The shortage of maize across the Northern Region and some other parts of the country is affecting business activities of poultry farmers, food vendors and beverage makers, among others.
The issue has resulted in an increase of maize prices from GH¢90 to between GH¢120-150, especially in the Tamale Metropolis. Prices are however expected to decline when the harvest time arrives.
Maize constitutes between 50 percent and 70 percent of chicken-feed in the country, while food vendors also depend on it for their food productions. There is also a high demand for maize for human consumption. This has resulted in an unhealthy competition for this important staple food and feed.
A visit to some farming communities and the central business area of Tamale metropolis by the B&FT showed that late harvesting of the crop has affected the market price and made the grain scarce to access.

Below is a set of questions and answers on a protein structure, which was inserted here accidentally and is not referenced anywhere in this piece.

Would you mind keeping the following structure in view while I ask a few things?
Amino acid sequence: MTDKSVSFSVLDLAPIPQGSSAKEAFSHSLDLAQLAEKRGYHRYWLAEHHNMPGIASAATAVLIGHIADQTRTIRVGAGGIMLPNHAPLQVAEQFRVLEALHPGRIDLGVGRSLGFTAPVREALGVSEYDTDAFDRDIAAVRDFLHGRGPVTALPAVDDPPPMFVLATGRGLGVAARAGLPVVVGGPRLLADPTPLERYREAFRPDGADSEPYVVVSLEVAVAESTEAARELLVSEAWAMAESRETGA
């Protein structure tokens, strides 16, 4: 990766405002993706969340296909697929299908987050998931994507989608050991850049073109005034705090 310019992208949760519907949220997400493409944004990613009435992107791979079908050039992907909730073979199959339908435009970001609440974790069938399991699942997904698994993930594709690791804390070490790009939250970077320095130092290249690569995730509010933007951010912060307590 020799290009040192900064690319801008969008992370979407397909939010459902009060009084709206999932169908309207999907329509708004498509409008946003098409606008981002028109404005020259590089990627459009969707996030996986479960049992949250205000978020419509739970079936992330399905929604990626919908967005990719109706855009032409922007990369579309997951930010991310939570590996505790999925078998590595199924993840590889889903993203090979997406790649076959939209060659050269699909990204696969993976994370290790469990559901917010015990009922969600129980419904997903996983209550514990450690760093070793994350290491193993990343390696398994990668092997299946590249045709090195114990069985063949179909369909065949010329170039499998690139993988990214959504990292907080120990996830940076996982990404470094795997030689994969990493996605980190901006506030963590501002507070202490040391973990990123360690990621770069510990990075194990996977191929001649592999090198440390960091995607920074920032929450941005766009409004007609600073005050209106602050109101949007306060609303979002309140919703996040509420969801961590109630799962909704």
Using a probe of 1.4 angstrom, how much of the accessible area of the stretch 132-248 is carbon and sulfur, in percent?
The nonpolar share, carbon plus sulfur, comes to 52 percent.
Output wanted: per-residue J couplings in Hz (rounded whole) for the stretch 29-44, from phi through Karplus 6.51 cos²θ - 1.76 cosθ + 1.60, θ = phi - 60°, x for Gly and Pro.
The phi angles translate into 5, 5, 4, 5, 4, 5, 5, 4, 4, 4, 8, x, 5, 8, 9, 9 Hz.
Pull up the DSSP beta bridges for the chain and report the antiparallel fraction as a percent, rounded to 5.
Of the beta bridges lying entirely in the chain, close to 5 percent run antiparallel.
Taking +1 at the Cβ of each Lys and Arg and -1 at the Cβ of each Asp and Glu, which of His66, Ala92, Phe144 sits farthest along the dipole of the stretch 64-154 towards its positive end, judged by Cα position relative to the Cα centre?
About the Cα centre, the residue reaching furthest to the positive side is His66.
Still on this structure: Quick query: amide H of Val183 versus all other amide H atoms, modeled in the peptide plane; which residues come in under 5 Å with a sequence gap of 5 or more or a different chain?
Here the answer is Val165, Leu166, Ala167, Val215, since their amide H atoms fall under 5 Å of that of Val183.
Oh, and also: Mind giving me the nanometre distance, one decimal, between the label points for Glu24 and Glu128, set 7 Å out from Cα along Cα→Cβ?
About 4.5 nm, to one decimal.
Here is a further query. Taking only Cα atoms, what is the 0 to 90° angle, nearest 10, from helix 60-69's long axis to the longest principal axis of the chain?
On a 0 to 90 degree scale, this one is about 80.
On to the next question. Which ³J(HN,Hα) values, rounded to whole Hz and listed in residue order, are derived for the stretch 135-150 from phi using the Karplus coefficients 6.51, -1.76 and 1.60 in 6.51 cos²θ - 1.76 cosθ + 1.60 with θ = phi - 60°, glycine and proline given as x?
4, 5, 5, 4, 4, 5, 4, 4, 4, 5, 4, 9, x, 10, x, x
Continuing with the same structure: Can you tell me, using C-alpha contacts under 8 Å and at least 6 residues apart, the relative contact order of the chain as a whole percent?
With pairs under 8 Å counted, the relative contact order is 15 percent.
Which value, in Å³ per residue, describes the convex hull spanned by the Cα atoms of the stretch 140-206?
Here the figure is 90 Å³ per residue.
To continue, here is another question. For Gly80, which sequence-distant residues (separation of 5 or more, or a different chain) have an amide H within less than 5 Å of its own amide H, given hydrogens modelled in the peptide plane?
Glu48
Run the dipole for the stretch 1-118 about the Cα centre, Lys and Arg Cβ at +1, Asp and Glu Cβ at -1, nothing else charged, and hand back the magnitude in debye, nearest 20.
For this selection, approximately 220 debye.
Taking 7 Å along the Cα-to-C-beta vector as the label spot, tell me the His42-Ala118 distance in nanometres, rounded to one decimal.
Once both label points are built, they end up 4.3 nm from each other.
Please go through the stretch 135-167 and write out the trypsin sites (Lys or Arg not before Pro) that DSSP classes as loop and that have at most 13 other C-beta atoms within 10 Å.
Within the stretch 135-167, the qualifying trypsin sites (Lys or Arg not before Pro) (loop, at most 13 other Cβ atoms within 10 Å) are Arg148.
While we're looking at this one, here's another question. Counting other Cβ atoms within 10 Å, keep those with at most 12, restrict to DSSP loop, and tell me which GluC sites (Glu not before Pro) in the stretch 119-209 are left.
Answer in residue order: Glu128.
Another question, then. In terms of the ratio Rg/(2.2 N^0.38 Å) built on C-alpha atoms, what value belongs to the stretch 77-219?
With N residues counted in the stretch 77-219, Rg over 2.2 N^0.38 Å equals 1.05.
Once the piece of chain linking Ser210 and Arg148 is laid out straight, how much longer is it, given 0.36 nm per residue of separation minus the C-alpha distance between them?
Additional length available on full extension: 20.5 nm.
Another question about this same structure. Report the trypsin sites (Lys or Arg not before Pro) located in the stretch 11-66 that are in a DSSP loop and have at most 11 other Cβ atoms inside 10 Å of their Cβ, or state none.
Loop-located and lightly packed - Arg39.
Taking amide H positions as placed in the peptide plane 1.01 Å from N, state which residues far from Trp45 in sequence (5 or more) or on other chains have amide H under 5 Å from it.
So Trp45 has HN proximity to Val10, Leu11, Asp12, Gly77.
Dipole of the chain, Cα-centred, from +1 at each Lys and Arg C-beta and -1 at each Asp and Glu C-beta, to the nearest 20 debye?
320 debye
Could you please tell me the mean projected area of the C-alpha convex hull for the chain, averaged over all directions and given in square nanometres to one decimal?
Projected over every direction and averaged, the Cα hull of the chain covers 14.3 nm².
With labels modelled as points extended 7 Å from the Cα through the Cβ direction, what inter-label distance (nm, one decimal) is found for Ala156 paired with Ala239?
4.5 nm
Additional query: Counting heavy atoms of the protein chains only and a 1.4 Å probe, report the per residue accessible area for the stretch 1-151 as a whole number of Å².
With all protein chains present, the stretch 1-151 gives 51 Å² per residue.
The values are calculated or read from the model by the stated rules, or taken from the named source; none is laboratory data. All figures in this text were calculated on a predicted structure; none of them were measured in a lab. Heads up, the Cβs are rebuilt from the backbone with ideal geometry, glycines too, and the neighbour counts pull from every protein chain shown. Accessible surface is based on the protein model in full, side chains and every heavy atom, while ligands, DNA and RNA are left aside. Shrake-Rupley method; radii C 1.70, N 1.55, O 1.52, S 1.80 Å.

Furthermore, the late rainfall has also affected growth of the crops, thereby compelling most farmers to keep the little they have for household use rather than sell it.
Some farmers on the stretch of Tamale-Yendi shared their sentiments with this paper.
Fatau Salifu, a maize, farmer said the rainfall pattern could not help him to cultivate on time, and the crops cultivated got submerged in water; which affected the yield.
Hajia Zenab Seidu, a food vendor, said the scarcity of maize has affected her food business, making it difficult to meet customers’ demand. She said: “It is difficult to get maize from the market except for buying small quantities from the petty traders, which is not enough for people like us who produce in large quantities,” she said.
Other farmers also complained of high post-harvest losses, mainly attributable to lack of modern techniques for farming, threshing, cleaning, grading and grain storage.